Dulles VA (SPX) Sep 16, 2009
Orbital Sciences Corporation has announced that the U.S. Air Force Space and Missile Systems Center (SMC) recently ordered the first Minotaur V launch vehicle under the company's Orbital/Suborbital Program-2 (OSP-2) contract.
The Minotaur V rocket will propel NASA's Lunar Atmosphere and Dust Environment Explorer (LADEE) probe on a trajectory to enable it to orbit the Moon. The Air Force's Space Development and Test Wing (SDTW), located at Kirtland AFB, New Mexico, administers the OSP-2 contract. The program office is responsible for all Minotaur vehicles for the Launch Test Squadron (LTS) of SDTW.
The company's new order brings the total number of Minotaur launch vehicles procured by the U.S. Air Force, including space launch and target vehicles, to 28 since the inception of the program in 1997.
It also represents the first order of a Minotaur V rocket designed to launch U.S. government satellites into higher-energy orbits for missions related to space exploration and other activities beyond low-Earth orbit.
"We are pleased to support NASA and the Air Force for this exciting mission to Earth's Moon," said Mr. Lou Amorosi, Orbital Vice President and Program Director of the Minotaur product line.
"The Minotaur V launch vehicle was designed exactly with missions such as LADEE in mind, using both government-supplied and commercial rocket motors to provide highly reliable and affordable launches for high-energy and escape-trajectory missions."
LADEE is a NASA probe that will orbit the Moon to characterize the atmosphere and lunar dust environment and determine the global density, composition, and time variability of the lunar atmosphere before it is perturbed by further human activity. The mission is currently scheduled for launch in May 2012 from Wallops Island, Virginia.
Minotaur V is a five-stage space launch vehicle capable of launching satellites weighing up to 650 Kg (1,425 lbs.) to geosynchronous transfer orbit or over 400 Kg (900 lbs.) to trans-lunar and other Earth-escape trajectories. The rocket's first three stages consist of retired Peacekeeper rocket motors while its fourth and fifth stage motors are commercial Star 48 and Star 37 motors, respectively.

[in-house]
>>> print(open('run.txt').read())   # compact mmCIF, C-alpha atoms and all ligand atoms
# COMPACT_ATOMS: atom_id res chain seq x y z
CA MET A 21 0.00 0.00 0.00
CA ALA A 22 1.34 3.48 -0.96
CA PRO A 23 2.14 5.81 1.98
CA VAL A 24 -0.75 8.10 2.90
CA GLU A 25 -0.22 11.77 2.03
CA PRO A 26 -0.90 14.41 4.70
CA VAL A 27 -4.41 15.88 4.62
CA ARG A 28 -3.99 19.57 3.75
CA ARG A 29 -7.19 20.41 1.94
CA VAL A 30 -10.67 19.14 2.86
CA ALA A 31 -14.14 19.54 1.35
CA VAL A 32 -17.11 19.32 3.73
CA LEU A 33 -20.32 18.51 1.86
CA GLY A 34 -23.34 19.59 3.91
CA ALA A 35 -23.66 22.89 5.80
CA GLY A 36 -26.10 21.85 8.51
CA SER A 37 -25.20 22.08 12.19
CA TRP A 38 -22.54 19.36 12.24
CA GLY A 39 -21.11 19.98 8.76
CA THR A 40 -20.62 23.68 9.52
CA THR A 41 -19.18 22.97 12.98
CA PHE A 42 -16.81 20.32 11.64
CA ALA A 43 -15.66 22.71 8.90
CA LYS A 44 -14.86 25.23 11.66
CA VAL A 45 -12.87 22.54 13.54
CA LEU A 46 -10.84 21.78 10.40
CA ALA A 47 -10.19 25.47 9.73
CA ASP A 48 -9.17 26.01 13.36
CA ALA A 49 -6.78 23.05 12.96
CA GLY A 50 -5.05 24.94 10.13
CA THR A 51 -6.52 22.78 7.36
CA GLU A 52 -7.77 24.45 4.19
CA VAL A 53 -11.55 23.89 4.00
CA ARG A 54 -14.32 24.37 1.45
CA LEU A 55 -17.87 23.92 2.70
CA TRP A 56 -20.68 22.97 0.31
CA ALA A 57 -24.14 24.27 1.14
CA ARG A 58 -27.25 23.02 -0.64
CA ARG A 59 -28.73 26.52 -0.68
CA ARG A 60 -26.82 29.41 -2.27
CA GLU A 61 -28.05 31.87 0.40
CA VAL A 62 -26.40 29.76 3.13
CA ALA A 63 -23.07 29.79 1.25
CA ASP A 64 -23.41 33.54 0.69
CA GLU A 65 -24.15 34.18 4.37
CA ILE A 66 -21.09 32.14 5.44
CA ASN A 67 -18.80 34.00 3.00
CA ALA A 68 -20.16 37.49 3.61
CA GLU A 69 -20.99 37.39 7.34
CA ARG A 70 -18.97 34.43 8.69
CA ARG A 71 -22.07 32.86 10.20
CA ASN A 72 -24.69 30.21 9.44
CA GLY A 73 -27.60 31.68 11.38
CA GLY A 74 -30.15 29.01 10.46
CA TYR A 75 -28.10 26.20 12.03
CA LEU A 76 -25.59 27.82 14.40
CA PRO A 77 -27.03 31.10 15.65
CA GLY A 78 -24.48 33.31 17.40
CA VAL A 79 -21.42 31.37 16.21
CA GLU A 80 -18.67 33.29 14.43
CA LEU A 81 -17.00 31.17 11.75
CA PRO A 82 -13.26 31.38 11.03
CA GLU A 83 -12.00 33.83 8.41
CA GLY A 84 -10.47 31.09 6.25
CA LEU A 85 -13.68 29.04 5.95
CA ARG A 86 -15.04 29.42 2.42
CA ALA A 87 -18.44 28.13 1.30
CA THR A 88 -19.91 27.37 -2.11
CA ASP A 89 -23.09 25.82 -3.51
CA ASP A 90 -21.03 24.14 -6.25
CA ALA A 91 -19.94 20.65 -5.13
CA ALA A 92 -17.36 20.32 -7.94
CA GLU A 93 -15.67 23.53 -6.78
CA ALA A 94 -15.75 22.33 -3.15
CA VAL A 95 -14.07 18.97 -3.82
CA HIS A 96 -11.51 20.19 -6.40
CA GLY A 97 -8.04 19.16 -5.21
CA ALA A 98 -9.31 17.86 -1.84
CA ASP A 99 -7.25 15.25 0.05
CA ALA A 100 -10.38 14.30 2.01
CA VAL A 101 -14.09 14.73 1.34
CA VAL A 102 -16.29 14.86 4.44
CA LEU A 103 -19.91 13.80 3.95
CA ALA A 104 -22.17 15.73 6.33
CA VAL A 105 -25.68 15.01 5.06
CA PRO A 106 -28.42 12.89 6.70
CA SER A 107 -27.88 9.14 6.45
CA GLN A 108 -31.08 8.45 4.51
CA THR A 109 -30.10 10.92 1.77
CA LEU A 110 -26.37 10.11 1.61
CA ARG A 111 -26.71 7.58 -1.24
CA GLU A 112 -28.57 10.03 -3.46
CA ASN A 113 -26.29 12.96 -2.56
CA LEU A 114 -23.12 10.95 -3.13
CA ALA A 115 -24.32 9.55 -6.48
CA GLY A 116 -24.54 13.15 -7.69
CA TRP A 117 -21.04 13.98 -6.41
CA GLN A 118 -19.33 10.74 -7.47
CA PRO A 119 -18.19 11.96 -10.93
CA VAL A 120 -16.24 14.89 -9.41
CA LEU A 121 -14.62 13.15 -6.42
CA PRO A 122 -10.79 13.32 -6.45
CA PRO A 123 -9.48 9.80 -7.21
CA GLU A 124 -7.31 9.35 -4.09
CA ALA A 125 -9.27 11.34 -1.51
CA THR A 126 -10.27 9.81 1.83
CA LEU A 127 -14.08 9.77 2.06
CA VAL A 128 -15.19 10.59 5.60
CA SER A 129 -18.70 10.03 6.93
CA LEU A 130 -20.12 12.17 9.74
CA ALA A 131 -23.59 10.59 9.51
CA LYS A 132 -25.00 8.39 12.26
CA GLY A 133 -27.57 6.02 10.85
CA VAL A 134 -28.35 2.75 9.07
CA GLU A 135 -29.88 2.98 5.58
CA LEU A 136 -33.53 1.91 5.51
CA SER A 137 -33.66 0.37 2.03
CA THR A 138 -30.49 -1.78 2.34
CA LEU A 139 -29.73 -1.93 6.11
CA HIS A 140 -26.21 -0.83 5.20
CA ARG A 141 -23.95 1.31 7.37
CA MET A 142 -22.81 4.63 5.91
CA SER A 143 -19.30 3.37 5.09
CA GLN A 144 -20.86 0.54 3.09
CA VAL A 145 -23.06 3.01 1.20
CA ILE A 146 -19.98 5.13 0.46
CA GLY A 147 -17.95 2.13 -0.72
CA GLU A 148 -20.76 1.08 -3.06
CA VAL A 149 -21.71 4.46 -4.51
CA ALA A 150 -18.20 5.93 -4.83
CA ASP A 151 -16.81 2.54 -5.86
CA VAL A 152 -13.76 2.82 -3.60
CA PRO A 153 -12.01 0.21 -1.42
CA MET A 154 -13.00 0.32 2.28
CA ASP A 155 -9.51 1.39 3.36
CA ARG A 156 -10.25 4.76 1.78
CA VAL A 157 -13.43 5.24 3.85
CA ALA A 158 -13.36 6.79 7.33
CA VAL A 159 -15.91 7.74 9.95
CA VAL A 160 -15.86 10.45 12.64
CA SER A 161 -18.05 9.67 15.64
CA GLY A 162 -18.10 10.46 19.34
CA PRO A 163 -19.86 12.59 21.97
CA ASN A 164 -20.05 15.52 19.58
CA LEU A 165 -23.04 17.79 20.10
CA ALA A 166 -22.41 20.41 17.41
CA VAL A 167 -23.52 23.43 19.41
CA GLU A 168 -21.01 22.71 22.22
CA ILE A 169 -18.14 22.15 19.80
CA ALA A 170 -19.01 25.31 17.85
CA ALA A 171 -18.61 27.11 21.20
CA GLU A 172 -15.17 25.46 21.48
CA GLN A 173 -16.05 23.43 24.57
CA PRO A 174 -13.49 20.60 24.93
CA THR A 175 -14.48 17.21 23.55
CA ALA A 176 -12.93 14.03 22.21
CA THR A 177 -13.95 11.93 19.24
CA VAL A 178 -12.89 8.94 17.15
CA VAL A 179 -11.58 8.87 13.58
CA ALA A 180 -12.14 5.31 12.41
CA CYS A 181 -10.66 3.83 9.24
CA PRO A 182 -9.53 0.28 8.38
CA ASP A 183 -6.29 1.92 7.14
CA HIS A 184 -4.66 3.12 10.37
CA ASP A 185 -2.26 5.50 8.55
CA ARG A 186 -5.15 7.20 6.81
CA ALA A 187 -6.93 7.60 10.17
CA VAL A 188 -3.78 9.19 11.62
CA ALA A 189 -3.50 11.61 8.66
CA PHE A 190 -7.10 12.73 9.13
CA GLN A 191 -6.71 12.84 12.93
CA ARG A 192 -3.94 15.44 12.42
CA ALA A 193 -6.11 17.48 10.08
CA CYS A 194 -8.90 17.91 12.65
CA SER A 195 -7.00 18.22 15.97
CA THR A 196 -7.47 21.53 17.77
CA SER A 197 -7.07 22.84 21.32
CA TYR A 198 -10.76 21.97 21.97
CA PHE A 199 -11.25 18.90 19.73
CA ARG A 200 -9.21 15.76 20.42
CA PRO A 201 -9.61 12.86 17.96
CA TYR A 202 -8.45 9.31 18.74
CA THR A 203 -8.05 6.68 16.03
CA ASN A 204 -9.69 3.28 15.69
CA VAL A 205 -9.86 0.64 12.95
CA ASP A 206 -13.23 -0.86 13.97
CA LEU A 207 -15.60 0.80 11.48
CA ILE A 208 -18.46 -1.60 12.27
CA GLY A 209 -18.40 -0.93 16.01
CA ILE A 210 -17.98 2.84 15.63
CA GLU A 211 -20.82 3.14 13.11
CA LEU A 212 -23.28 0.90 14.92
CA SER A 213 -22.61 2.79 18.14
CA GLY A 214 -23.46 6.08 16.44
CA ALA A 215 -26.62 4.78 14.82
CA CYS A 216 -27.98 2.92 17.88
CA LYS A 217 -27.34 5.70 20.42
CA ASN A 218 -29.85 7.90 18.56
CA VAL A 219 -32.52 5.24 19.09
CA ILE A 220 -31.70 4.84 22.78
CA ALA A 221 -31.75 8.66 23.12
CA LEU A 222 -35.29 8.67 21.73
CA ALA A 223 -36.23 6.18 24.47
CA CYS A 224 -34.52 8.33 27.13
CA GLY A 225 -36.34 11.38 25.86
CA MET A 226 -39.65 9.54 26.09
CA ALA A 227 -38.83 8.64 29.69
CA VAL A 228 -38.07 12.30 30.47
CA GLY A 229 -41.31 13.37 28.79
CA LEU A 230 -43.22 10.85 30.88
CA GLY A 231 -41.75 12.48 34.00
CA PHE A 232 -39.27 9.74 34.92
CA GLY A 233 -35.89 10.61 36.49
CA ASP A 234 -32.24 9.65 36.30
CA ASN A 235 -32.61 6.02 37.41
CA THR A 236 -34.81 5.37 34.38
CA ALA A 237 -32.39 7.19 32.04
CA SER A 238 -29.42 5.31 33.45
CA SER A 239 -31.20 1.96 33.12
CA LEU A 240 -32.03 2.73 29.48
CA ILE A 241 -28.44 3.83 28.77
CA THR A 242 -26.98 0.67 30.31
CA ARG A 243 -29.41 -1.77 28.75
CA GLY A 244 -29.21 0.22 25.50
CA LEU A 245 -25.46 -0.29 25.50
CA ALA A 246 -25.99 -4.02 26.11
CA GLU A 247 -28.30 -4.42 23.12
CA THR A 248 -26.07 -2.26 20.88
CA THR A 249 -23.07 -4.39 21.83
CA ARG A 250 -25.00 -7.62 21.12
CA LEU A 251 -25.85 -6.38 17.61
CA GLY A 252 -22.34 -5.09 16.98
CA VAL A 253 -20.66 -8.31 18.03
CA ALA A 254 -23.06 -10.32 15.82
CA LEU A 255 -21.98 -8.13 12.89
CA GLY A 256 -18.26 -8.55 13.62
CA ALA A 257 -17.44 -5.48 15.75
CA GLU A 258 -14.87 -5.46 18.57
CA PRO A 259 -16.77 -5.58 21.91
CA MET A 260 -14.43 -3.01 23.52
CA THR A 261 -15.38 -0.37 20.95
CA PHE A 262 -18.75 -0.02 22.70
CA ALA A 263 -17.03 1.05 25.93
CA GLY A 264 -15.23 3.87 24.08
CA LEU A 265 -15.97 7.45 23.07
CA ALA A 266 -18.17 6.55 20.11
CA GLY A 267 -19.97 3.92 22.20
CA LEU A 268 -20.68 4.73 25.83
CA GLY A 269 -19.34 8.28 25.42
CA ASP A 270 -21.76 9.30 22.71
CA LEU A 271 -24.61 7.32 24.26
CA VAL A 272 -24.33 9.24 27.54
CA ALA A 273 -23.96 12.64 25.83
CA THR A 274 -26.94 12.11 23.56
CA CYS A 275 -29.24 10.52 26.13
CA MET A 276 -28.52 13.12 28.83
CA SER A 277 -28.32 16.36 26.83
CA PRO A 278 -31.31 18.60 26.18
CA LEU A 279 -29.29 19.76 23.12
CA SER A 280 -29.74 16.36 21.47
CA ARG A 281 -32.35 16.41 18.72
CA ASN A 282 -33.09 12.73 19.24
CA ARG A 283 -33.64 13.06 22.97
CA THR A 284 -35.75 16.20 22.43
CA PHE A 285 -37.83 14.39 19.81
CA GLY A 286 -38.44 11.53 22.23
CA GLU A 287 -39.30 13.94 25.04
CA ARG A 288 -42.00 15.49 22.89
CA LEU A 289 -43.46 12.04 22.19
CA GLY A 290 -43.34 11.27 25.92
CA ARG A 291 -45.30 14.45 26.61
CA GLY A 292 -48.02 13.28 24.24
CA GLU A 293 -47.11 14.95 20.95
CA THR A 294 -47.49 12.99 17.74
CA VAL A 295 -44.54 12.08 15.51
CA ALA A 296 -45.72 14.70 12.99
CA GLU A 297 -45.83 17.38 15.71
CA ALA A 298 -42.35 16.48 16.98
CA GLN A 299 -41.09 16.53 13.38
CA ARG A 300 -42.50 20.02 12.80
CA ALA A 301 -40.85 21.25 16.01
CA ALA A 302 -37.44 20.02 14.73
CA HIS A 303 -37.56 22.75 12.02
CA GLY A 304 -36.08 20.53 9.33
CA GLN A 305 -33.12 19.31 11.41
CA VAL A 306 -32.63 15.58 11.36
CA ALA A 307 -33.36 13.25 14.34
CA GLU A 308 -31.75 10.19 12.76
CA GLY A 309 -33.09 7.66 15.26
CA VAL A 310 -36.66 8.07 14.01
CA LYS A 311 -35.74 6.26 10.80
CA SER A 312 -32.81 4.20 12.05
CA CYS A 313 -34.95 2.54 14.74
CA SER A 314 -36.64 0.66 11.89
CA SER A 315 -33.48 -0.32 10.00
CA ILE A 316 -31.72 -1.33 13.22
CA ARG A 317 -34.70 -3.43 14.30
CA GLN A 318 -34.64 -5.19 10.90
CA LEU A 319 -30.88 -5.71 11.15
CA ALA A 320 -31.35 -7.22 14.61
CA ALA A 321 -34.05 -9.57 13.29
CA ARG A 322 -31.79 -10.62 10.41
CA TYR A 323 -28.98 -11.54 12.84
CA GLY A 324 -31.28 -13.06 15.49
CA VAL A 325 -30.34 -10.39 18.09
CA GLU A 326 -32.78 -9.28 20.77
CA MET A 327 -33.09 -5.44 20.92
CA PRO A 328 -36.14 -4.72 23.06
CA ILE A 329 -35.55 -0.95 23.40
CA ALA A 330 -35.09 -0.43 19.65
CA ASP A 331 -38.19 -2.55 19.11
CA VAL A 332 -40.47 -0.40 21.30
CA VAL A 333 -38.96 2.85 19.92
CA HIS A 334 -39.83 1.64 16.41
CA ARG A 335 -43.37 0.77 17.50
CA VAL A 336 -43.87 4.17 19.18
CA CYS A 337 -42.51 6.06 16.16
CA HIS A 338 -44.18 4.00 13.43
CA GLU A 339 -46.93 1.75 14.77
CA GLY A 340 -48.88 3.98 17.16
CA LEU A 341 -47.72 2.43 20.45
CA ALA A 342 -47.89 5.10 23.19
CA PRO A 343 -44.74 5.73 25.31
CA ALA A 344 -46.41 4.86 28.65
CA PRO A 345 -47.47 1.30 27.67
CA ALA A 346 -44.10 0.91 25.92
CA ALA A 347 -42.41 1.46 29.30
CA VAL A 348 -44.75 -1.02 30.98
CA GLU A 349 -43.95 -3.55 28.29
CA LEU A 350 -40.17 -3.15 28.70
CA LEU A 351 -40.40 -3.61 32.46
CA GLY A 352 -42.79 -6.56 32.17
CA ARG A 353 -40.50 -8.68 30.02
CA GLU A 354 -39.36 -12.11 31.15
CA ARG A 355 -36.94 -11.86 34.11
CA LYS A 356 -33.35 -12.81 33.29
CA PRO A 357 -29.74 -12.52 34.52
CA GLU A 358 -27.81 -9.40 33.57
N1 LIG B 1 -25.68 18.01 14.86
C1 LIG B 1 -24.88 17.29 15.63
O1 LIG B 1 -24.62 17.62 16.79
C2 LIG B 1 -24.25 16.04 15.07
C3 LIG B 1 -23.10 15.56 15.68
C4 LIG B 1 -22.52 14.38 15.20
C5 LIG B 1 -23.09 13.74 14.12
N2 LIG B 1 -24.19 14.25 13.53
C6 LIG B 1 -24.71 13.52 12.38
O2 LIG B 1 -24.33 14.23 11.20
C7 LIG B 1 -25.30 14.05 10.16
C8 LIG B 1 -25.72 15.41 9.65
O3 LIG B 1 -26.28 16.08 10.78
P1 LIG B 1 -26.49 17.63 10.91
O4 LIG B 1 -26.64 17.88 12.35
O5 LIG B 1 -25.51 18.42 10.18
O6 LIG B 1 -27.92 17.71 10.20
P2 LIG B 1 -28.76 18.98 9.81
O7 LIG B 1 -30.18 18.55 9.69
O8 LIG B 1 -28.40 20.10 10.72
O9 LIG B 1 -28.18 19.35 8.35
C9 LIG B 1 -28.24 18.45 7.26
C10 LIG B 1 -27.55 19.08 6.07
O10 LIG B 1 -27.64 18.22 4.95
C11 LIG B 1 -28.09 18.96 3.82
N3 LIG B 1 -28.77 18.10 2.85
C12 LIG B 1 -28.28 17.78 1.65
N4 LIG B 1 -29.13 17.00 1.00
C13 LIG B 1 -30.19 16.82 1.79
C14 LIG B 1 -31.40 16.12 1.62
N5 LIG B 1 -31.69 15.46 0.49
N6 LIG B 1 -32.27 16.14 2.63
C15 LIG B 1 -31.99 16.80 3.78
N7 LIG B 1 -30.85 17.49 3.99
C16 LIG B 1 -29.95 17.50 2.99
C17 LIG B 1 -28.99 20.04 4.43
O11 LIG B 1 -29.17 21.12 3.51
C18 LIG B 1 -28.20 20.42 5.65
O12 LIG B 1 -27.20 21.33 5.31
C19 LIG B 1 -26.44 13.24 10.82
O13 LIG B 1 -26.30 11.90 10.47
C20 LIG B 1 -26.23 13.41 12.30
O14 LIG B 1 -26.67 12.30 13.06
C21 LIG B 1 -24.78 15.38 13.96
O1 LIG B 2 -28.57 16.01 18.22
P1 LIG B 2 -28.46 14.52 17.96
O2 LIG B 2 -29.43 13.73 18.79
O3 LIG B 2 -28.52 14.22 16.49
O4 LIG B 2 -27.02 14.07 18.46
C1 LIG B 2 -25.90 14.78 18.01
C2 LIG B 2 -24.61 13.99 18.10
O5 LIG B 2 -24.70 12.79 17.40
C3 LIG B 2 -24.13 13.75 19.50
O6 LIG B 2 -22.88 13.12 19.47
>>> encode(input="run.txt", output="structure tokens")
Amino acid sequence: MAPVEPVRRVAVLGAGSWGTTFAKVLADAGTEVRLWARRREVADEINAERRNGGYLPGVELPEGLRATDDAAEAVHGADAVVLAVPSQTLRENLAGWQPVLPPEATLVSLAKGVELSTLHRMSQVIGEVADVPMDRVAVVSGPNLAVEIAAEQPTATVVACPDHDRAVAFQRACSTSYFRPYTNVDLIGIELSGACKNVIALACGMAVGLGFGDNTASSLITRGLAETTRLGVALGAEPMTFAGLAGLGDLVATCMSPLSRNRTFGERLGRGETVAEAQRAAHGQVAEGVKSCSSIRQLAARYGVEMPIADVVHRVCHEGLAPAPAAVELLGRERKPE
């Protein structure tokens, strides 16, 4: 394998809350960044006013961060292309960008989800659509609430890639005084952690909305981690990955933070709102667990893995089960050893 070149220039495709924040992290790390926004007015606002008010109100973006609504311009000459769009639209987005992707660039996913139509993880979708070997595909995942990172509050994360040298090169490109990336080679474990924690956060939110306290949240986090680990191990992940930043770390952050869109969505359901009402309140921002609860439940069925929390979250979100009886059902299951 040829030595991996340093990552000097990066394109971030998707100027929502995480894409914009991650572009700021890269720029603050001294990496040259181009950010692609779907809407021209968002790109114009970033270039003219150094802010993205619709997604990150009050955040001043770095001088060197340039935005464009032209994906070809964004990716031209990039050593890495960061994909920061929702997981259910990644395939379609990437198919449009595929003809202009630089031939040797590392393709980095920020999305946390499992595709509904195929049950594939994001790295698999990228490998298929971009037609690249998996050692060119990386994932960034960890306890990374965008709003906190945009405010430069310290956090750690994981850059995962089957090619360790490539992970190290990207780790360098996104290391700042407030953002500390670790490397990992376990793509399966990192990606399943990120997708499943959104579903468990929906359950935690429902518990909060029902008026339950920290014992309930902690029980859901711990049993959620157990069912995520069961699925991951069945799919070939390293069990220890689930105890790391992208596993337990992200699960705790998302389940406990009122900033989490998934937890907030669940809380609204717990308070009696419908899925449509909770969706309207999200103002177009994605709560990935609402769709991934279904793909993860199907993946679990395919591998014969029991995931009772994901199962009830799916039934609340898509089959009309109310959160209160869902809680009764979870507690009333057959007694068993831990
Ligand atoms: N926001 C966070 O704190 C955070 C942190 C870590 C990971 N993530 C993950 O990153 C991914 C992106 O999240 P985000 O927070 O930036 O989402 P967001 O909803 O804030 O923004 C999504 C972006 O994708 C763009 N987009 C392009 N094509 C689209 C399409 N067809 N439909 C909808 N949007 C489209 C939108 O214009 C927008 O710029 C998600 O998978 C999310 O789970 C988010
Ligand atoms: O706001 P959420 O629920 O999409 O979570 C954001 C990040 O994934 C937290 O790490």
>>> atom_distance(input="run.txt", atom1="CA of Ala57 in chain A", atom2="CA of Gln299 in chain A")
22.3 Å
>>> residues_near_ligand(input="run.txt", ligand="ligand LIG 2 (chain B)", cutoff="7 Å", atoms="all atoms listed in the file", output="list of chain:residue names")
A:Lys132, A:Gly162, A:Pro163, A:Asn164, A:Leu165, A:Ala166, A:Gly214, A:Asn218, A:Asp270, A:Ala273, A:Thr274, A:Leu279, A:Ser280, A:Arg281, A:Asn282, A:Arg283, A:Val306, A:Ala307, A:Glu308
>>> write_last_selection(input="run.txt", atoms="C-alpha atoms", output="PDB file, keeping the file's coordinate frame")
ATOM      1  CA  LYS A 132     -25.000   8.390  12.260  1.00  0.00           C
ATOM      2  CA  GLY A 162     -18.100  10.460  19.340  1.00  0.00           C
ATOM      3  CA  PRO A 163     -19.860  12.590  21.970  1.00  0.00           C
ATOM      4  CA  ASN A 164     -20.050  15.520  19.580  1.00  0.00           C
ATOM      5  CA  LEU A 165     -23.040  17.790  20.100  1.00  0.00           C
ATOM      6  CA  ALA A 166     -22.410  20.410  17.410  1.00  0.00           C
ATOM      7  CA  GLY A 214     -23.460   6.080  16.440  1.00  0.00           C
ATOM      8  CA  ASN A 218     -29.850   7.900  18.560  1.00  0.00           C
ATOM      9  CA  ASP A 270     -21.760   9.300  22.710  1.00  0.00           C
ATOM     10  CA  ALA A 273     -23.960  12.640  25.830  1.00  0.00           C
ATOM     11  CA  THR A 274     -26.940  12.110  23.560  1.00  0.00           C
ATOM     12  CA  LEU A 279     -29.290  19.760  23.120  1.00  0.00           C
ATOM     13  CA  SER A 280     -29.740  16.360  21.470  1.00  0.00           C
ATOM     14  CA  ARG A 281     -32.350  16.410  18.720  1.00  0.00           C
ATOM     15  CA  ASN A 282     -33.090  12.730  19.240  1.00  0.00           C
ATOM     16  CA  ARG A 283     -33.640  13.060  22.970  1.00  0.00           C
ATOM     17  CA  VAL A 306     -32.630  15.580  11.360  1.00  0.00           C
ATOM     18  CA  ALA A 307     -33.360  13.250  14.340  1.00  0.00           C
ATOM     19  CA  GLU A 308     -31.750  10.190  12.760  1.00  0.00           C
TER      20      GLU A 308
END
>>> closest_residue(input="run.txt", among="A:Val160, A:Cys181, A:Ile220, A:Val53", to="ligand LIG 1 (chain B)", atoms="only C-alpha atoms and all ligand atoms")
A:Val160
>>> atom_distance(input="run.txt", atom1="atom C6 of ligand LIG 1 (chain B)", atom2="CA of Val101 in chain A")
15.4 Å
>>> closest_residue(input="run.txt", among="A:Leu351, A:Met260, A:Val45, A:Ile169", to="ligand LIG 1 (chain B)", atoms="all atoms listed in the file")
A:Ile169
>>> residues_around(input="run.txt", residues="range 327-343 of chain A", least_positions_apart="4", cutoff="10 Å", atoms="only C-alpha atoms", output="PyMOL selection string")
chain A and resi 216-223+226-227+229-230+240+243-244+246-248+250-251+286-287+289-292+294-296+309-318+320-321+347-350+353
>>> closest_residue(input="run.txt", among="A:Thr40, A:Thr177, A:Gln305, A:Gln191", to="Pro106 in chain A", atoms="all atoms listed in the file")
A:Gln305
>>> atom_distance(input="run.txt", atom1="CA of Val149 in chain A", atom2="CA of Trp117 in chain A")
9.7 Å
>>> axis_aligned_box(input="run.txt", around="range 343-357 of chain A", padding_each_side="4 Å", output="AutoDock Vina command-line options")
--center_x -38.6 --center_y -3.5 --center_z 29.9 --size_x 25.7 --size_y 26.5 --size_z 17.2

Orbital has launched a total of 16 Minotaur vehicles with a perfect mission success record, beginning with the inaugural mission in January 2000. Eight of the missions have been carried out by the Minotaur I space launch vehicle (SLV) configuration and eight by the Minotaur II suborbital target launch vehicle (TLV).
Currently, there are 11 additional Minotaur missions on Orbital's upcoming launch manifest, including the inaugural launch of the Minotaur IV rocket, scheduled to boost the Space-Based Space Surveillance (SBSS) satellite into orbit for the U.S. Air Force later in 2009.
Minotaur Product Line
In addition, the minimal amount of specialized ground infrastructure that is required to support Minotaur launches enable them to be employed at other U.S. launch sites. Orbital's use of standardized avionics and subsystems, mature processes and experienced personnel make Minotaur rockets both reliable and cost-effective for U.S. government customers.
In addition to Minotaur V, Orbital's Minotaur product line currently consists of the following configurations:
+ Minotaur I - The initial member of the Minotaur family, the Minotaur I is a four-stage space launch configuration that can place up to 1,300 lbs. into low-Earth orbit. It was originally launched in January 2000 and has conducted a total of eight successful launches to date.
+ Minotaur II - A three-stage suborbital rocket, the Minotaur II is used as a target vehicle for testing U.S. missile defense systems and related missions. This configuration also has performed eight successful launches to date.
+ Minotaur III - A three-stage suborbital rocket, Minotaur III can deliver suborbital technology demonstration payloads of up to 6,500 lbs. or serve as a target vehicle for testing U.S. missile defense systems and similar missions.
+ Minotaur IV - A heavier-lift four-stage space launch vehicle using retired Peacekeeper rocket motors, the Minotaur IV is capable of launching satellites weighing up to 3,800 lbs. into low-Earth orbit. The first Minotaur IV mission is currently in final preparations to launch the SBSS satellite for the U.S. Air Force in late 2009.
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